Sweet Sixteen: Houston and Kentucky to face off in defensive bout
The Cougars made history by advancing in March Madness after wins over the Buckeyes and the Panthers this weekend.
Houston will be making its first Sweet Sixteen appearance in 35 years and will face the traditional powerhouse, No. 2 seeded Kentucky from the Southeastern Conference.
High level of defense
Kentucky will be the third team Houston has faced in the top 30 defensive teams, with UCF and Cincinnati being the other two. The Cougars went a combined 3-2 against those opponents and will have its toughest test yet with the Wildcats.
Houston itself is No. 7 in the country and has allowed just over 60 points per game, while Kentucky has allowed about 65.
“I haven’t seen any weaknesses where we can exploit them,”said head coach Kelvin Sampson.
Kentucky may opt to focus on guarding Davis Jr. and force another guard to step up in his place.
Senior Galen Robinson Jr. and junior Armoni Brooks have both had 20 or more points in a game this season and could take over if left with space to drive or shoot threes.
Houston has had mixed success in shutting down opposing top shooters this season. UCF senior B.J. Taylor scored 21 and 11 points against Houston, Memphis senior Jeremiah Martin scored 16 and 23 points, Cincinnati junior Jarron Cumberland scored 27, 20 and 33 points and Ohio State sophomore Kaleb Wesson hit his average of 15.
The first two players had performances well below and well above their season average while Cumberland was above all three games.
If Houston can’t stop a player from dominating the game, it may not have an answer for them.
A player Houston will have to be ready for is SEC Co-Defensive Player of the Year freshman Ashton Hagans, who Sampson praised in a Tuesday interview.
Hagans has been one of the best defensive guards in the country this year and is one of four players on the Wildcats’ roster expected to be drafted into the NBA in a few months.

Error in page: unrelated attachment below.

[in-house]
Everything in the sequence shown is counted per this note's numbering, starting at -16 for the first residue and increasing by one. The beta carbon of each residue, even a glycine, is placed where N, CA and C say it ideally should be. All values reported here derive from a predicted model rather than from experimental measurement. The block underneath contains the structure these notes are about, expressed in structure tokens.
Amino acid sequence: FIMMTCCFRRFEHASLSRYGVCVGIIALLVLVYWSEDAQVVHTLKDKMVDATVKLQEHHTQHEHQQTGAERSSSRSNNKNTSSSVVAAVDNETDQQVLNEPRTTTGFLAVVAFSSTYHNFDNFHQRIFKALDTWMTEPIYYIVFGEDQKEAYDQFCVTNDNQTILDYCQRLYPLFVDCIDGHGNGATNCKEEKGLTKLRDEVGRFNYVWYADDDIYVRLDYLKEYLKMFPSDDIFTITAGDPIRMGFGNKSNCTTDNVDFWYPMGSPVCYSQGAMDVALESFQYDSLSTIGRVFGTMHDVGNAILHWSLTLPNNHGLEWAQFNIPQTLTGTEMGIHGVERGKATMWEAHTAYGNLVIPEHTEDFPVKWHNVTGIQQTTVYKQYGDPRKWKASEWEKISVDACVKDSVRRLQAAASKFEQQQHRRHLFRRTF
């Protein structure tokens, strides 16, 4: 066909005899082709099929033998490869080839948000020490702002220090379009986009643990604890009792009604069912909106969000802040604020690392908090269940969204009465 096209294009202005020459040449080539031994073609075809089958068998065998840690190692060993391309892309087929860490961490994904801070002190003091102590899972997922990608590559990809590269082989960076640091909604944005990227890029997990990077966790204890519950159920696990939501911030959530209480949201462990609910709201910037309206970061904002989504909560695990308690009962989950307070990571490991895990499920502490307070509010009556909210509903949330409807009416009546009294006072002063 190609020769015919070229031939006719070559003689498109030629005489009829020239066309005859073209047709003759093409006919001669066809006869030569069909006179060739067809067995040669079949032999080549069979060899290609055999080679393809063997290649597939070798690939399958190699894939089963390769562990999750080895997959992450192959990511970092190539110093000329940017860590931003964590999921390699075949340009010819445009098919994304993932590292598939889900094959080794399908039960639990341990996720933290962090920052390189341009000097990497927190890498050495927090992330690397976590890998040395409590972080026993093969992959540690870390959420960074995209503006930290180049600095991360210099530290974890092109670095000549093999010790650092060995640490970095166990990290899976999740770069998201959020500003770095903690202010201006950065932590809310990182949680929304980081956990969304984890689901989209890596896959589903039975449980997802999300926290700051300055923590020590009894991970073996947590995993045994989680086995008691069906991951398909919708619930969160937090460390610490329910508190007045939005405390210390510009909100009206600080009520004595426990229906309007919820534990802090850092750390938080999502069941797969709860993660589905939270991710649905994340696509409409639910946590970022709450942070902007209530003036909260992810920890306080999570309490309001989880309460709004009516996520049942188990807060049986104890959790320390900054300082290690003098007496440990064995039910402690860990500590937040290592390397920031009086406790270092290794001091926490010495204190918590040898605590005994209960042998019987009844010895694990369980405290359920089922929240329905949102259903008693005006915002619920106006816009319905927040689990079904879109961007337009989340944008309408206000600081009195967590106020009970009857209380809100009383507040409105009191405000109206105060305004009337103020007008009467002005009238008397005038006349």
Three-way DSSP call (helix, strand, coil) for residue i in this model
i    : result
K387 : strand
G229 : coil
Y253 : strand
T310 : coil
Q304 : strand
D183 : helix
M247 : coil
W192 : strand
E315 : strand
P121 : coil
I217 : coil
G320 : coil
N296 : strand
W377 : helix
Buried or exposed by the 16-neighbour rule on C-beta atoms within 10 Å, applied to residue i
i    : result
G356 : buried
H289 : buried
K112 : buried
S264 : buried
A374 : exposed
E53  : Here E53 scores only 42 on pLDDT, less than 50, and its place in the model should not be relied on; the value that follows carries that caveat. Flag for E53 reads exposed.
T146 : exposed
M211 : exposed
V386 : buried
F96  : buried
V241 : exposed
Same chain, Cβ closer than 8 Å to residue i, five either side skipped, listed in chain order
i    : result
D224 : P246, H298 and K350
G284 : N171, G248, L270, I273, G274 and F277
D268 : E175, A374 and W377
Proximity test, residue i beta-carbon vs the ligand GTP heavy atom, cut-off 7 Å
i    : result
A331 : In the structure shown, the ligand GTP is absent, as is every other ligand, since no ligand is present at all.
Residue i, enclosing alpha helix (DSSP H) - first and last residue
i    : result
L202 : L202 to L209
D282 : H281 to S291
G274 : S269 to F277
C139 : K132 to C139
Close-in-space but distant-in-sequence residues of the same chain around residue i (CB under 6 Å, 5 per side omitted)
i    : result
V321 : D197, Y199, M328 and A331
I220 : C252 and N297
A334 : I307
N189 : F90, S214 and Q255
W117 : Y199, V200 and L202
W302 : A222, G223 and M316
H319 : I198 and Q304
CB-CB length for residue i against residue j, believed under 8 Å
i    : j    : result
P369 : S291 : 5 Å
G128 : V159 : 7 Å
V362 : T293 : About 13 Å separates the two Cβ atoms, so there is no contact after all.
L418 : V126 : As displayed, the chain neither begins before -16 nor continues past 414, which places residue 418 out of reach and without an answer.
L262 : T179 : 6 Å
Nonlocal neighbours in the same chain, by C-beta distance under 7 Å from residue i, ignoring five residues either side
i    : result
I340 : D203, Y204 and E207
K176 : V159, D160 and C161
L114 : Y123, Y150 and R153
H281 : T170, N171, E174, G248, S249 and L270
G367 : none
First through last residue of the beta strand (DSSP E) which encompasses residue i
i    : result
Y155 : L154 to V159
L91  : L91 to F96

Hagans is a force on defense and even tied the school’s record for steals in a game with eight against North Carolina, a No. 1 seed in the tournament, which was set by Wayne Turner in 1997 and Rajon Rondo in 2005.
SEC Freshman of the Year Keldon Johnson is another player expected to go high in the draft, and he can completely take over the team’s scoring.
A wildcard for Kentucky is sophomore PJ Washington, another player expected to go to the NBA after this season, who injured his foot against Tennessee in the SEC Tournament and has been out since. If he plays, that adds another big scoring threat to an already potent lineup.
Sampson said the Cougars would game plan for Washington and think that he will play on Friday.
“He’s a four, but they could play him anywhere,” Sampson said.
Kentucky’s starting guards are also a few inches taller and have longer wingspans than the Houston starters.
Houston is not unfamiliar with this situation, as it has happened more often than not during the season, but it may utilize its depth more to compensate.
Freshman Nate Hinton and redshirt sophomore DeJon Jarreau usually start on the bench but are 6’5″ and could be rotated in earlier to match up better against the taller Wildcats.
Even though Sampson called Kentucky the best team Houston played all year, the team’s pregame preparation will not change.
“It doesn’t matter who we play. Today’s practice won’t be any different than (the ones we had at the beginning of the season),” Sampson said. “When you win 33 games, it means that you’re preparing to win every game you play.”
The game could go a lot of different ways with all the different variables, but it should be close the whole way through. The Cougars have shown the ability to go toe-to-toe with anyone and will get another chance to prove it in Kansas City, Missouri.
Houston and Kentucky tip off at approximately 9 p.m. CT Friday, and the game will be broadcast on TBS.